Every Friday, Law Decoded delivers analysis on the week’s critical stories in the realms of policy, regulation and law.
A wise man once said, “there’s security and there’re securities,” and if he didn’t, he should’ve.
In modern English, it seems a quaint coincidence that the word “security” refers to both safety and a broad class of investments. But as pending arguments about, say, meme-propelled trading in securities are set to take place in forums reserved for national security, it’s a good reminder that money precedes weapons as vehicles for national power.
In some sense, it’s obvious that financial security is part of national security. It’s why different nations have different standards of scrutiny over their markets in general and their securities in particular. In some cases, these are just to protect domestic investors from home-grown shysters, but in others, it’s to prevent bad money from getting into or out of the country via opaque trading mechanisms. In still others, it’s simply a means of making companies accountable to regulators.
Fortunately for us, the week has been replete with crossover concerns between securities regulators and national security entities globally. We will, indeed, be taking a journey from Toronto to Pyongyang, via Beijing.
Canada: ETF in YYZ
The Ontario Securities Commission has approved the first Bitcoin exchange-traded fund in North America, clearing the way for Accelerate Bitcoin ETF to trade on the Toronto Stock Exchange.
Accelerate Financial Technologies is a Calgary-based alternative asset manager. Other Canadian firms like Arxnovum Investments and Evolve ETFs also filed prospectuses with the OSC in January, but have not yet received the same go-ahead.
The subject of a Bitcoin ETF has been hotly contested for years, with the U.S. Securities and Exchange Commission being notoriously hard to please under former Chairman Jay Clayton.
The first Bitcoin ETF to formally “launch” was Hashdex’s Nasdaq Crypto Index ETF on the Bermuda stock exchange. The details surrounding that fund, however, remain murky. Combined with Bermuda Monetary Authority’s general apathy to investigating financial malfeasance — hence the island’s reputation as a haven for money laundering — that ETF should give any investor pause. The OSC is somewhat more diligent a regulator and, consequently, Accelerate’s ETF is somewhat more promising for the market.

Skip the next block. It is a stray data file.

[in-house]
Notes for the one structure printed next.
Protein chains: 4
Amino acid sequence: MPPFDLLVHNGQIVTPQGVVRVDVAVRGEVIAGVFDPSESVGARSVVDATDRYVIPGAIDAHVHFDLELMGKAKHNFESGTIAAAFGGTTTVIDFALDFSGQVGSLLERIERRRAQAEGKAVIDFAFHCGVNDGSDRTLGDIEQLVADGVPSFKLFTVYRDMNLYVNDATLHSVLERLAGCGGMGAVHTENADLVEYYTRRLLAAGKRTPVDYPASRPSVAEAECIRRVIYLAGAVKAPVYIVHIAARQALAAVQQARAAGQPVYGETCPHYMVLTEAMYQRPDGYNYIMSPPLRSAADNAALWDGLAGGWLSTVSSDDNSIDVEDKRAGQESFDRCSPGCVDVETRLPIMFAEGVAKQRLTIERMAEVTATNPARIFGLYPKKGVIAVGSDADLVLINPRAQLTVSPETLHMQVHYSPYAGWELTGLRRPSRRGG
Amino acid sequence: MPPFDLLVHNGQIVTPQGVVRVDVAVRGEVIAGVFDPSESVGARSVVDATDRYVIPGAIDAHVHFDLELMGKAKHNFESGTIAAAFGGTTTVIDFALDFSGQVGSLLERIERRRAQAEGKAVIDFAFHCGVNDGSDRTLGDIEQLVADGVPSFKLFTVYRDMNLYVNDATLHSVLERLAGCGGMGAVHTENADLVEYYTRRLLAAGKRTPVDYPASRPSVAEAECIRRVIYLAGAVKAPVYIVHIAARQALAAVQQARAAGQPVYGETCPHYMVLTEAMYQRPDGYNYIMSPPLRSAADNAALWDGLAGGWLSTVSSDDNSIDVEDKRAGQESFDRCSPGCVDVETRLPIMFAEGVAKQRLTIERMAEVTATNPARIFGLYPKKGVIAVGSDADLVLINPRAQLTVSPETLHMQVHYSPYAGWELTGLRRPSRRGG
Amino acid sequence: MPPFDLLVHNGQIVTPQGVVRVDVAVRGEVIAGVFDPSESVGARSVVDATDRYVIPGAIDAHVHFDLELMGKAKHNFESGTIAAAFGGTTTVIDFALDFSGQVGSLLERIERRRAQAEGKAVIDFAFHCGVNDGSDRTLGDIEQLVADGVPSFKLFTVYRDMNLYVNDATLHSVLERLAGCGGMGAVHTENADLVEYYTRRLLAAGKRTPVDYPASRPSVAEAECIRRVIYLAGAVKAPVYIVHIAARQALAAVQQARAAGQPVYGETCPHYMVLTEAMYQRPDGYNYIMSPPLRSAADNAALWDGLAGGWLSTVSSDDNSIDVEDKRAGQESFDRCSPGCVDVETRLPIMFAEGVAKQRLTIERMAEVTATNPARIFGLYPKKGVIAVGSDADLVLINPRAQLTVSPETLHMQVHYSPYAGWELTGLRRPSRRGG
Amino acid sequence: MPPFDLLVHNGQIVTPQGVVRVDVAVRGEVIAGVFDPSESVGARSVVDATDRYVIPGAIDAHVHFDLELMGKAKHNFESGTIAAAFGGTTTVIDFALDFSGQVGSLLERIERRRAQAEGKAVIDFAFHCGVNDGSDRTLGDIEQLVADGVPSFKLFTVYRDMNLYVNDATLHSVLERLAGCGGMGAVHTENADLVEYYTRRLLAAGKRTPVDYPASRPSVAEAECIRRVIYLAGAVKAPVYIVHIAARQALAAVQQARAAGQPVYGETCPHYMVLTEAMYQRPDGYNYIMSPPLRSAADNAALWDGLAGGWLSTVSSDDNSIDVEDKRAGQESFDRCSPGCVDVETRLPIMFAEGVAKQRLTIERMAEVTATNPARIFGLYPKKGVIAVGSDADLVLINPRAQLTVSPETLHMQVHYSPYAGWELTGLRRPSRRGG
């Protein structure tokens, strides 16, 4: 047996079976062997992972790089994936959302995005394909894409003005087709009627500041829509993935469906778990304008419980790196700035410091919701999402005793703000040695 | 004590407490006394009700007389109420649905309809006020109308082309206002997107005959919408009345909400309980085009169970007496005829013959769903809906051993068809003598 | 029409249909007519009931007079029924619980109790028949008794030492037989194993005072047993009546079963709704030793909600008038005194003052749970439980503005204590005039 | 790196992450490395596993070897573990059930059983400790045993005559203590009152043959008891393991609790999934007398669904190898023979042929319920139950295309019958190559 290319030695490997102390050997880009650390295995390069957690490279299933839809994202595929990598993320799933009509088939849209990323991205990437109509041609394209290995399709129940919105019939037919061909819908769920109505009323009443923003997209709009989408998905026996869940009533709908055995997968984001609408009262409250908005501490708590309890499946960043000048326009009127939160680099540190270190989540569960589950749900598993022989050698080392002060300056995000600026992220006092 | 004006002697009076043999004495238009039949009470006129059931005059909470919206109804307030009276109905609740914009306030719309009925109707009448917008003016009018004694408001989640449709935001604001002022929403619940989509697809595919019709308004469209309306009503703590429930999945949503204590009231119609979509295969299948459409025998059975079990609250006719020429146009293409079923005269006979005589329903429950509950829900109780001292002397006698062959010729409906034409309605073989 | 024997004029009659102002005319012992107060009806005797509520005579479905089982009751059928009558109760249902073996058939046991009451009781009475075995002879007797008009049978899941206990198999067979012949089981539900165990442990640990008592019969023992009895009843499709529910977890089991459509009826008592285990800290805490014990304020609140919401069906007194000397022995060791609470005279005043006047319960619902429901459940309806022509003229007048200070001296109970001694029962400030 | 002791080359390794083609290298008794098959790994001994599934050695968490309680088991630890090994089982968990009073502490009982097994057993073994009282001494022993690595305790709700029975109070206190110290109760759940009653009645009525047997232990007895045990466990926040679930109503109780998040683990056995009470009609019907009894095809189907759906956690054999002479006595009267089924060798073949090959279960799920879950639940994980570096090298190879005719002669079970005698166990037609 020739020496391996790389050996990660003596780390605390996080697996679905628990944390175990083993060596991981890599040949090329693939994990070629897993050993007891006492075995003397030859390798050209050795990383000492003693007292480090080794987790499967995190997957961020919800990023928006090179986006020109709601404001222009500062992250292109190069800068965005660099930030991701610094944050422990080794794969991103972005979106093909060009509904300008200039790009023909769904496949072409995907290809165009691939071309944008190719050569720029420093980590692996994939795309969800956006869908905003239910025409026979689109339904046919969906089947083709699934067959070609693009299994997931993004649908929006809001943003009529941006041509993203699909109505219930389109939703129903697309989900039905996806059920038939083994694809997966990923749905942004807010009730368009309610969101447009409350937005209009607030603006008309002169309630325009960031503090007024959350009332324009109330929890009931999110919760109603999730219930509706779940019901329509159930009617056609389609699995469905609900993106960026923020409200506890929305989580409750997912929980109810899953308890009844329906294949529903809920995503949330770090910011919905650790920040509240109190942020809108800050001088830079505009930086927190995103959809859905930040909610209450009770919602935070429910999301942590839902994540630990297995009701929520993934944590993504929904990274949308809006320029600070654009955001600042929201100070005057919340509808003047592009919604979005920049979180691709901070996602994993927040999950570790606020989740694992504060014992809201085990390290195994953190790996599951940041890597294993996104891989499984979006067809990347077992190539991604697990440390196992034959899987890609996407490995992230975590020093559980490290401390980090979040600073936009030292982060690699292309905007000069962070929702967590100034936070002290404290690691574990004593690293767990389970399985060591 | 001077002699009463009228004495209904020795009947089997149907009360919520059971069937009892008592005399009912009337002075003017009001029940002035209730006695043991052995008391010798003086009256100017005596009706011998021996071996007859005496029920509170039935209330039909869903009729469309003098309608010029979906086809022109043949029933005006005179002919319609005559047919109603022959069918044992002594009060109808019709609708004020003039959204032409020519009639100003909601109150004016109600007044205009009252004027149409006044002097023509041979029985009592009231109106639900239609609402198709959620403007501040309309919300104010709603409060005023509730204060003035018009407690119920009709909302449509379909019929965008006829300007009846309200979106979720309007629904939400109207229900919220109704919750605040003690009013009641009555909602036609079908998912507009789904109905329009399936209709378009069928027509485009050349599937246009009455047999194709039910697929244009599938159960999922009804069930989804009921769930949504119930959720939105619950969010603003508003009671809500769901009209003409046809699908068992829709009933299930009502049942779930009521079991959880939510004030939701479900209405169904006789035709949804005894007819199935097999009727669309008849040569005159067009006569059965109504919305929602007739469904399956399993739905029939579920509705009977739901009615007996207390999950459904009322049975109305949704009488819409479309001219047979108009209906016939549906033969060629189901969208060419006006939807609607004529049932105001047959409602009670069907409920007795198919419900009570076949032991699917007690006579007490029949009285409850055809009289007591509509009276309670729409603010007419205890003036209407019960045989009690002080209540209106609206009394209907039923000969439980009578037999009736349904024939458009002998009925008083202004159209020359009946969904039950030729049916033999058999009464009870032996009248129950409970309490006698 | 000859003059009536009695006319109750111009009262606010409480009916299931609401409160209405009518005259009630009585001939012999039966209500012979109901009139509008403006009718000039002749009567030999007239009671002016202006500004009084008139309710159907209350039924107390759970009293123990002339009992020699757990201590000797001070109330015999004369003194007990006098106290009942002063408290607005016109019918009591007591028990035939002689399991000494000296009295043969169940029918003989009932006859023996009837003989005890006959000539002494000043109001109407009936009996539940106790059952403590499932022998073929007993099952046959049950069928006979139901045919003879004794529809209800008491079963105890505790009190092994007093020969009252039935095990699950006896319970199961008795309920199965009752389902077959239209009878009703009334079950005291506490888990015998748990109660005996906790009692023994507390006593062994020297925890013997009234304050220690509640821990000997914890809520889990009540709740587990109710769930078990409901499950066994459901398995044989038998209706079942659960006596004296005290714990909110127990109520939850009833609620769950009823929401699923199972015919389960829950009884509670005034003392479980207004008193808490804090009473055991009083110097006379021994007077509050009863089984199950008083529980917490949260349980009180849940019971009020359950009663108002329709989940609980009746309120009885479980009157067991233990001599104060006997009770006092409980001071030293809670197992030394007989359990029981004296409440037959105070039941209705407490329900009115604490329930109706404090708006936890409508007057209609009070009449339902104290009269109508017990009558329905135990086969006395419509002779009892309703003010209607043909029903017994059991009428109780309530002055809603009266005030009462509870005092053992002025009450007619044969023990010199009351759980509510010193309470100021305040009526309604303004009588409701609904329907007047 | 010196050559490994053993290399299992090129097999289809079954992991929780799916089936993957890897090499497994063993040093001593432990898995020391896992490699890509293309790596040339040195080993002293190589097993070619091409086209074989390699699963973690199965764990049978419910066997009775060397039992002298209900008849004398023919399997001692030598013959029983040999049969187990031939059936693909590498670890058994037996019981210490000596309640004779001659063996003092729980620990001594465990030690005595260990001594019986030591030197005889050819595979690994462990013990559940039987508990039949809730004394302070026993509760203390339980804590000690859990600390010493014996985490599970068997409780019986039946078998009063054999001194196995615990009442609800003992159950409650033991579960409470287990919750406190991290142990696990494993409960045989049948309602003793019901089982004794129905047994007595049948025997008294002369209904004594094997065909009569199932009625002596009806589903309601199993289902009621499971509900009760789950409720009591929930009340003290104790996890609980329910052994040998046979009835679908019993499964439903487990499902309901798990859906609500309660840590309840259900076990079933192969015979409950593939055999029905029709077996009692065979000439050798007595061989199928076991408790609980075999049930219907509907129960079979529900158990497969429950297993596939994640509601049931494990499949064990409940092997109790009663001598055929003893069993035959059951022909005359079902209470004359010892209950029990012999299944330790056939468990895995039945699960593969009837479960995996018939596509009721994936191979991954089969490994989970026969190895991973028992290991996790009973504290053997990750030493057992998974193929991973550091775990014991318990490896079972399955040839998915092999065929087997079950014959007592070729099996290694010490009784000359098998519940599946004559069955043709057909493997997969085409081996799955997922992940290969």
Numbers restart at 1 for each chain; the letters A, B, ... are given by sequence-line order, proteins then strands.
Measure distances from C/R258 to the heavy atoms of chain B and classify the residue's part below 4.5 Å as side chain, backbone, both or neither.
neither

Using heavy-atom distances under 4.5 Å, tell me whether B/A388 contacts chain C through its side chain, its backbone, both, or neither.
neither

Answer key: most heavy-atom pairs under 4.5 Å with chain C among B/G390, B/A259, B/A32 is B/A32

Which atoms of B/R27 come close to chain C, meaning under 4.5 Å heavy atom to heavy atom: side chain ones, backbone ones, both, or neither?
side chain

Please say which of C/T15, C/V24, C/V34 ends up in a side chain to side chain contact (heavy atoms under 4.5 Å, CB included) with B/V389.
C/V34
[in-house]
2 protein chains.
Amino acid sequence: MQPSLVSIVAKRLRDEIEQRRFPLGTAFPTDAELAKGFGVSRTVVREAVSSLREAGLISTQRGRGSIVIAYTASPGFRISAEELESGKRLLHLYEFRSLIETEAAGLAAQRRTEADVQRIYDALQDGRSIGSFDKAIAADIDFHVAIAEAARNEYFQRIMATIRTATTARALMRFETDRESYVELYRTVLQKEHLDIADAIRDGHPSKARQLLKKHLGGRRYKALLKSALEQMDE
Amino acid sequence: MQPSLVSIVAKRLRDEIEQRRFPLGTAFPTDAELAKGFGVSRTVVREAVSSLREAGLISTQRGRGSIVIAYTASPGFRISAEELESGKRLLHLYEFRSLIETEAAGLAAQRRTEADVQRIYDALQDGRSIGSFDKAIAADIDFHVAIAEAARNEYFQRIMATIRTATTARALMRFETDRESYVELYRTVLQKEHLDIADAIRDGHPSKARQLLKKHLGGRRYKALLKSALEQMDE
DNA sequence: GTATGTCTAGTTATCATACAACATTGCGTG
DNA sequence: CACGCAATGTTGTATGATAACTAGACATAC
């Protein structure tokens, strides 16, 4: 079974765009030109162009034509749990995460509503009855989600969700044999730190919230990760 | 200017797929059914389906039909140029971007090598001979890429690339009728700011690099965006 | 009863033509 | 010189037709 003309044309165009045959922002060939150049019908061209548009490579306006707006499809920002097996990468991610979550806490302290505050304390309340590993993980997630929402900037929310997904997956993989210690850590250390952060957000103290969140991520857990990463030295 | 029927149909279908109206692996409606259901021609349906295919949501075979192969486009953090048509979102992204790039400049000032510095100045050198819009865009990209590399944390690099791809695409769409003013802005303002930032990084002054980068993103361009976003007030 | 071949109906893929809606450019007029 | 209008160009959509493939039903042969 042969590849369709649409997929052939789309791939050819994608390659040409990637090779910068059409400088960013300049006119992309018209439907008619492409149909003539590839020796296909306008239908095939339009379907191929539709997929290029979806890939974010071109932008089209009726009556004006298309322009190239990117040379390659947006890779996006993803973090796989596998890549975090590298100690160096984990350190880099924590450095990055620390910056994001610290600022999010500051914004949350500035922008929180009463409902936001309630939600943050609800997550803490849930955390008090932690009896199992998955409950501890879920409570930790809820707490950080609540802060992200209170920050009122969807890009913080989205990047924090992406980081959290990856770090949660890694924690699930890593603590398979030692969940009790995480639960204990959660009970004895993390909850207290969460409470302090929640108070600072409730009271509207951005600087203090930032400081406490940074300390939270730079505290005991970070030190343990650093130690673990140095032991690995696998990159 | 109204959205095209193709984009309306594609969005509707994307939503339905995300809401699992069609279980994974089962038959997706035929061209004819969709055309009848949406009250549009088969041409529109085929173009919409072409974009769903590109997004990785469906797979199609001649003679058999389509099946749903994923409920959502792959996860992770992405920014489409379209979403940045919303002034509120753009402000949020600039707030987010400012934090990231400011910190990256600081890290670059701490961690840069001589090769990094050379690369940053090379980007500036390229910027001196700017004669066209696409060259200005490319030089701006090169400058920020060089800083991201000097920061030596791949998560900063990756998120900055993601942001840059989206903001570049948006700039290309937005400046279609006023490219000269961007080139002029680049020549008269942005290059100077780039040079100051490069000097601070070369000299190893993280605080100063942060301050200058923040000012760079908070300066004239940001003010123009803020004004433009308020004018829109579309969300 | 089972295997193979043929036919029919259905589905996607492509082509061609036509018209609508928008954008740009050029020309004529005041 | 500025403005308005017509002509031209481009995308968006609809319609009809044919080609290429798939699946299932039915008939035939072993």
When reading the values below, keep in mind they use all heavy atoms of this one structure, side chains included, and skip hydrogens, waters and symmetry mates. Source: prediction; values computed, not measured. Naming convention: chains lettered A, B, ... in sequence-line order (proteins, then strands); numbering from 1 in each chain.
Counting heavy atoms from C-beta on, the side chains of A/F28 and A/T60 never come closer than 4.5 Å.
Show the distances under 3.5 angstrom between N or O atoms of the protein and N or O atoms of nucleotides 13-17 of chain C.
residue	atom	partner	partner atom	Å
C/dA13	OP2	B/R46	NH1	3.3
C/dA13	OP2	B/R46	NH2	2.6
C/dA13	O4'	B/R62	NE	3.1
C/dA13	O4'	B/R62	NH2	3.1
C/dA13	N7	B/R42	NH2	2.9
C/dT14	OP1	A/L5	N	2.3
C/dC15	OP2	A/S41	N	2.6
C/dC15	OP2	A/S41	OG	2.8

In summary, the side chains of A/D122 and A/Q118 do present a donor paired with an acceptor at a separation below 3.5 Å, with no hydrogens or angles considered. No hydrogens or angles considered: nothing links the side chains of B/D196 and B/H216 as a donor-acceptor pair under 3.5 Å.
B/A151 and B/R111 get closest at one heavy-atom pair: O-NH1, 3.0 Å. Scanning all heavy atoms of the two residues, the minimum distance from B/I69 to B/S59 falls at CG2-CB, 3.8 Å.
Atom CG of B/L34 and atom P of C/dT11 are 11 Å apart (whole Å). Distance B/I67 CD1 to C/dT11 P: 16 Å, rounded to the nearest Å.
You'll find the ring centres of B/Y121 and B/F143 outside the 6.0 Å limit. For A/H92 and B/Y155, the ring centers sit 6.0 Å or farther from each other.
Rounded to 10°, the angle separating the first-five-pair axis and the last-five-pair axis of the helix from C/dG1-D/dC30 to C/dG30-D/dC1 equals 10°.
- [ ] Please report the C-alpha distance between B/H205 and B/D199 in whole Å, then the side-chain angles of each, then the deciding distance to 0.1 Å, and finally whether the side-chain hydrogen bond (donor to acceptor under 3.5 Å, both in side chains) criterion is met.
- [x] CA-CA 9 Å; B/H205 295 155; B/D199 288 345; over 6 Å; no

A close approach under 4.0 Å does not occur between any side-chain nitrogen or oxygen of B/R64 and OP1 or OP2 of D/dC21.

China: 10-4 from the SAMR
China’s financial regulator has issued its finalized rules on pursuing monopolies in the internet platform economy.
The State Administration for Market Regulation announced its draft rules just three months ago. Not particularly distinctive among antitrust regimes, they are interesting in the definitions they give to tech behaviors that allow anti-competitive practices to flourish behind proprietary algorithms. Moreover, they are symbolically a major step in China’s efforts to corral its local tech industry, with particular focus on TenCent and the Alibaba empire, who are especially concerning in that they have concentrated the great bulk of Chinese payments into their hands. Alongside the payments, they also have data on the payments.
All of which is pretty familiar by this point, in theory. The new codification may, however, accelerate overt action from the SAMR against tech firms — many of which are very engaged in what the new rules classify as anti-competitive activities.
North Korea: USDT for ICBM
Citing a confidential UN sanction monitoring report, Reuters said that North Korean hackers were behind September’s KuCoin hack. Furthermore, the investigation said the funds were bound for North Korea’s nuclear ballistics program.
Observers have, for years, noted that North Korea’s hacking raids — most infamously, by Lazarus Group — have been growing in importance as a source of revenue for a cash-strapped regime. Analysts were attributing the $281 million KuCoin attack to North Korean actors months ago. But obviously, the UN’s purview is fairly wide, so a UN investigation into the matter may be a step towards change.
A pariah state, North Korea is subject to one of the most aggressive sanctions blockades in the world. Consequently, Pyongyang is always on the lookout for creative revenue flows, especially when it’s building an industry that requires foreign materials. Beyond discreet trading relationships with China and Russia, Lazarus Group has proved remarkably lucrative. They have been linked to the breach at Bangladesh’s central bank, 2017’s outbreak of WannaCry ransomware, and the CoinCheck hack, which, at over half a billion dollars, remains the largest hack of any crypto exchange in history.
Attorneys for Wilkie Farr & Gallagher, including former CFTC Chair J. Christopher Giancarlo, argue that crypto is ready for self-regulation.
The WEF’s Sheila Warren speaks to the future of blockchain and digital asset regulation with the Brookings Institution.
The Wall Street Journal’s Bob Davis writes on the role that Biden’s Commerce Secretary will play in defining the tech trade war between China and the U.S.
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